LONG BEACH, N.Y. (CBSNewYork) -- The sense of urgency about rushing to the aid of Superstorm Sandy victims is being called into question from the streets of Long Island to the halls of Congress.
Just about two months after the storm, some are wondering how deep that commitment is. Friday evening, the Senate approved a $60.4 billion emergency aid package for victims of the hurricane that devastated parts of the Tri-State Area by a 63-32 vote.
The aid bill's chances of passing in the House is uncertain.
Elected officials in New York and New Jersey are urging "the need for swift, bipartisan action on the aid package by the House of Representatives."
"We now urge the House to act swiftly this weekend in recognition of its obligation and responsibility to take action in this instance, just as it always has, for citizens of other states across the country who have endured the devastation of natural disaster," New York Gov. Andrew Cuomo and New Jersey Gov. Chris Christie said in a joint statement.
On Friday, the Federal Emergency Management Agency provided an update on its response and recovery efforts in the wake of the storm.
WCBS 880's Monica Miller On The Story
"We're still here, and we're going to be here. FEMA's going to be here, as long as it takes," said federal coordinating officer Mike Byrne, speaking in Long Beach.
He said they've provided more $800 million to individual households.
"The Small Business Administration has processed over $320 million in disaster low interest loans," he said.
But some residents said the agency is dragging its feet and the money isn't enough.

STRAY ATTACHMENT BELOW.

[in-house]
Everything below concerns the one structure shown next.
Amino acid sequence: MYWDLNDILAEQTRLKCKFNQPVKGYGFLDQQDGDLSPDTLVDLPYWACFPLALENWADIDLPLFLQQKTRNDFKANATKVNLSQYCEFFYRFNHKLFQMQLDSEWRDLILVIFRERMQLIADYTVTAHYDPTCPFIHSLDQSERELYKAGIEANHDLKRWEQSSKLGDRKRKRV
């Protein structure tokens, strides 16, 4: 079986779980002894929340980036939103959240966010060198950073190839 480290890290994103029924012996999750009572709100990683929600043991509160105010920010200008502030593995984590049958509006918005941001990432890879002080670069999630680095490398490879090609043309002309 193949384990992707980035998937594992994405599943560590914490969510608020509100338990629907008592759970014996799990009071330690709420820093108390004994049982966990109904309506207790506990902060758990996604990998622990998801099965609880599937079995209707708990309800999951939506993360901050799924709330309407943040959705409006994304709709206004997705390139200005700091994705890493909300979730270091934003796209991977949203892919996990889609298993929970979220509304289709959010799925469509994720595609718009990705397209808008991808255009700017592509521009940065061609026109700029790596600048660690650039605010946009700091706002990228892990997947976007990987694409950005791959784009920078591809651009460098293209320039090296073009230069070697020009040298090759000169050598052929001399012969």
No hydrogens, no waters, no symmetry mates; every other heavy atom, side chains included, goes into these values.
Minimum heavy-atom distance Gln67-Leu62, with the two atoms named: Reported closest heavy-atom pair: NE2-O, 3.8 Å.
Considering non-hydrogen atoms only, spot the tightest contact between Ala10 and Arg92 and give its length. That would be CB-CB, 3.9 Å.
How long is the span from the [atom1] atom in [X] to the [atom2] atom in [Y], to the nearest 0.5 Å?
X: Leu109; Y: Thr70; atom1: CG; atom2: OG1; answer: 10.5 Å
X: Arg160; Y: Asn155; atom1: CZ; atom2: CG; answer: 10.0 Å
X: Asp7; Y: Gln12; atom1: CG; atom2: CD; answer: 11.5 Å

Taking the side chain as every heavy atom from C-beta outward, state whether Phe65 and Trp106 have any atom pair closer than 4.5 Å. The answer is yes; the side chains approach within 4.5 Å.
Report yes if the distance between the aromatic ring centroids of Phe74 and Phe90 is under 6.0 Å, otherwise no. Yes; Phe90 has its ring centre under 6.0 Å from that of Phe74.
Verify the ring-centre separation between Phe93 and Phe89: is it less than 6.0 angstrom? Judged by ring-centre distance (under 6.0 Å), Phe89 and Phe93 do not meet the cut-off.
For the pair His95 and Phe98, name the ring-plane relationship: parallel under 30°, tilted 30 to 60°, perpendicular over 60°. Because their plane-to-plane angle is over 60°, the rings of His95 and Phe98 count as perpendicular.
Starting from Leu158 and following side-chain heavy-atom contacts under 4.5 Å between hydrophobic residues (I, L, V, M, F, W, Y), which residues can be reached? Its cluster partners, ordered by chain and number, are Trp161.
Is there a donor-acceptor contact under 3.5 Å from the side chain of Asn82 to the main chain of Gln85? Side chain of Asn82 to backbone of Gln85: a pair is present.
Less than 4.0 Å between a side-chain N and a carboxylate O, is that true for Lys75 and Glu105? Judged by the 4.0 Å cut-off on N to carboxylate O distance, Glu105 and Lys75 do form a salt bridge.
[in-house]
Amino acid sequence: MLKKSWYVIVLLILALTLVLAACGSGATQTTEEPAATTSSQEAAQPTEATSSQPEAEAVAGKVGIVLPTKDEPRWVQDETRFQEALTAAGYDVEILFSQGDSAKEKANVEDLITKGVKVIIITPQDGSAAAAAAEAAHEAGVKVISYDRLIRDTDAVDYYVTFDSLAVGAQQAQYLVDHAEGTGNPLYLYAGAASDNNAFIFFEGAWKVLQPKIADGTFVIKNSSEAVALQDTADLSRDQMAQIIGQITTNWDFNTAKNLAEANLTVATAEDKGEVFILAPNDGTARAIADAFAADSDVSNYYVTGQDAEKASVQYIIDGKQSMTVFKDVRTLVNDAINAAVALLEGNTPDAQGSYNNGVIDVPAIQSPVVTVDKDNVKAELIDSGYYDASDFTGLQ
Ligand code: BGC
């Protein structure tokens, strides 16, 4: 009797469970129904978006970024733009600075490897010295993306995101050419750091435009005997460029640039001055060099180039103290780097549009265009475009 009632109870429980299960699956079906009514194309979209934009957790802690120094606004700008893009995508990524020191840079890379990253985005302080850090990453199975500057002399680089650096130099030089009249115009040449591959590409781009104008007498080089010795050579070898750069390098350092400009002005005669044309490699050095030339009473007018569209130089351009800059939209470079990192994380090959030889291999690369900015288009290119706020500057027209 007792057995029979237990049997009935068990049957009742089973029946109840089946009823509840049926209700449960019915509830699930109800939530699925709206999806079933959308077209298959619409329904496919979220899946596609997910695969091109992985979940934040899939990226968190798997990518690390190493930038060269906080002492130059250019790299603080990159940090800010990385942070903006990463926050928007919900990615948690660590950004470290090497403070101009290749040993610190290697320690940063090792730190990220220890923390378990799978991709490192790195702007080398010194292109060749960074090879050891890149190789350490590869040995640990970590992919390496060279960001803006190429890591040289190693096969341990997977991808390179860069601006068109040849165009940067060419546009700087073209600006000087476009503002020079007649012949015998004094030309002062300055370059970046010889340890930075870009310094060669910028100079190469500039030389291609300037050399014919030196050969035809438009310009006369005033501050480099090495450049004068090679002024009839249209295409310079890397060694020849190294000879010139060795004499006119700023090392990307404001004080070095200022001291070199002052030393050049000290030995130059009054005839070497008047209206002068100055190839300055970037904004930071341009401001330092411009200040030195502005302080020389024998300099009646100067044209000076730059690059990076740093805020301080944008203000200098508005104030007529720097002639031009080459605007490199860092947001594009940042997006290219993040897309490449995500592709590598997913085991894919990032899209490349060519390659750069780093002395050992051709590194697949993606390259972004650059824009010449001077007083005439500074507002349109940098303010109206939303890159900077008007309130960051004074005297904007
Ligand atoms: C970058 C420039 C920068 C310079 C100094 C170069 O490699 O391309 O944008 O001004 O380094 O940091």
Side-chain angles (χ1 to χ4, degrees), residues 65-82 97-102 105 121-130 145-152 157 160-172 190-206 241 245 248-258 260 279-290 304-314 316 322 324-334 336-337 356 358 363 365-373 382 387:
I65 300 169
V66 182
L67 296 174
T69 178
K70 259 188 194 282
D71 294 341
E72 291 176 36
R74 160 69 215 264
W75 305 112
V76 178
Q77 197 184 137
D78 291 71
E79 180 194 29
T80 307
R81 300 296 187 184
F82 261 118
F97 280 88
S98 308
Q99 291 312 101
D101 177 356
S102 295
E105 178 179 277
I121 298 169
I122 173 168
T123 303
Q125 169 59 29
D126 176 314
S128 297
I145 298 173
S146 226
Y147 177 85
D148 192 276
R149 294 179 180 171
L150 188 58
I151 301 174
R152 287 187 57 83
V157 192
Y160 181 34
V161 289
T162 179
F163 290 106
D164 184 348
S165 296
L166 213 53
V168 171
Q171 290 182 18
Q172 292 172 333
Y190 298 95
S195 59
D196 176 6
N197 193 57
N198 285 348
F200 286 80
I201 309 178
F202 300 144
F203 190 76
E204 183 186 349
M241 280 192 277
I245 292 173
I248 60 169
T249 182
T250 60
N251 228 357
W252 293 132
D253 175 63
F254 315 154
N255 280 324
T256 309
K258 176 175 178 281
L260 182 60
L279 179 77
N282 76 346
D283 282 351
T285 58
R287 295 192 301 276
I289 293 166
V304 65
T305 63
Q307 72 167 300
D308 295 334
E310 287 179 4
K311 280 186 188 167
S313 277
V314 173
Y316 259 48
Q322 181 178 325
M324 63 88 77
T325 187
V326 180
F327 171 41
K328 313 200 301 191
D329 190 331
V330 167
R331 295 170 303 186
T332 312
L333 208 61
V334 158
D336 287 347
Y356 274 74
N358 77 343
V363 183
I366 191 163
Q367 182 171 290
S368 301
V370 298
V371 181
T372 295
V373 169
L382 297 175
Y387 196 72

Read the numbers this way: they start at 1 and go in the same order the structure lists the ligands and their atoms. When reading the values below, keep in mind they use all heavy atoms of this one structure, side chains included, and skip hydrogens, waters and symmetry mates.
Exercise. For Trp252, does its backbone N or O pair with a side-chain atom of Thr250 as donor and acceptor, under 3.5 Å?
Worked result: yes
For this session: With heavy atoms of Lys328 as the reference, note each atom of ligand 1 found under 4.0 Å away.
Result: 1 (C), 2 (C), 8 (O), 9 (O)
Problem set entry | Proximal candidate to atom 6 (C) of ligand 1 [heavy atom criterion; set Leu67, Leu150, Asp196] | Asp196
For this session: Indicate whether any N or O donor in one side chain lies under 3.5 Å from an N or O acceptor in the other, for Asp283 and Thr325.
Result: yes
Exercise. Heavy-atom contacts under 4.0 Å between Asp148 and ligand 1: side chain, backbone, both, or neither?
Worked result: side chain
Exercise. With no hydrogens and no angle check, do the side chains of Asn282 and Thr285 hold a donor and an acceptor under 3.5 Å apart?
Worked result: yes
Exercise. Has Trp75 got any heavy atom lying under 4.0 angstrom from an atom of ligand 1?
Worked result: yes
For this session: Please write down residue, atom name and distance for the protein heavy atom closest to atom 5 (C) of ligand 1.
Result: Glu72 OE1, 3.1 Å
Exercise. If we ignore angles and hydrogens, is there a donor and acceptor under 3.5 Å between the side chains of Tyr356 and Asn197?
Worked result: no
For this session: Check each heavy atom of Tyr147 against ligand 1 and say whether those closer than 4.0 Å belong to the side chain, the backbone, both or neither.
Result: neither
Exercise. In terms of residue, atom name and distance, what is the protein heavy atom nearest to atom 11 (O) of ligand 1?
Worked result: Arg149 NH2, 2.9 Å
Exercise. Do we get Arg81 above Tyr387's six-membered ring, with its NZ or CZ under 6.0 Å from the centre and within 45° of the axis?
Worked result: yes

"'Go stay in a hotel.' They give me a couple thousand dollars to go stay in a hotel. How long is a couple a thousand dollars going to last you?" a Long Beach resident told WCBS 880 reporter Monica Miller.
Byrne said if FEMA can't help people, it will put people them in touch with some of the 500 agencies working together on relief efforts.
Art Zimmerman and his wife, Renee, enjoyed 62 wonderful years in their Long Beach home, until Sandy savaged just about everything.
"You might call it 'totaled,'" Art Zimmerman told CBS 2'S Steve Langford.
Zimmerman just turned 90, but he's at his home every day trying to salvage whatever he can. Sixty days have passed since the storm hit the area, and Zimmerman said he is not satisfied with the federal response to this catastrophe.
"Well, the payments FEMA's supposed to make are too slow," he said.
Zimmerman's once picture-perfect Long Beach street stands in stark contrast to upbeat pronouncements from FEMA and talk in Washington about cutting way back on federal relief for Sandy victims.
"They have no idea of the scope of the devastation. Cutting it back is a big mistake," Zimmerman said.
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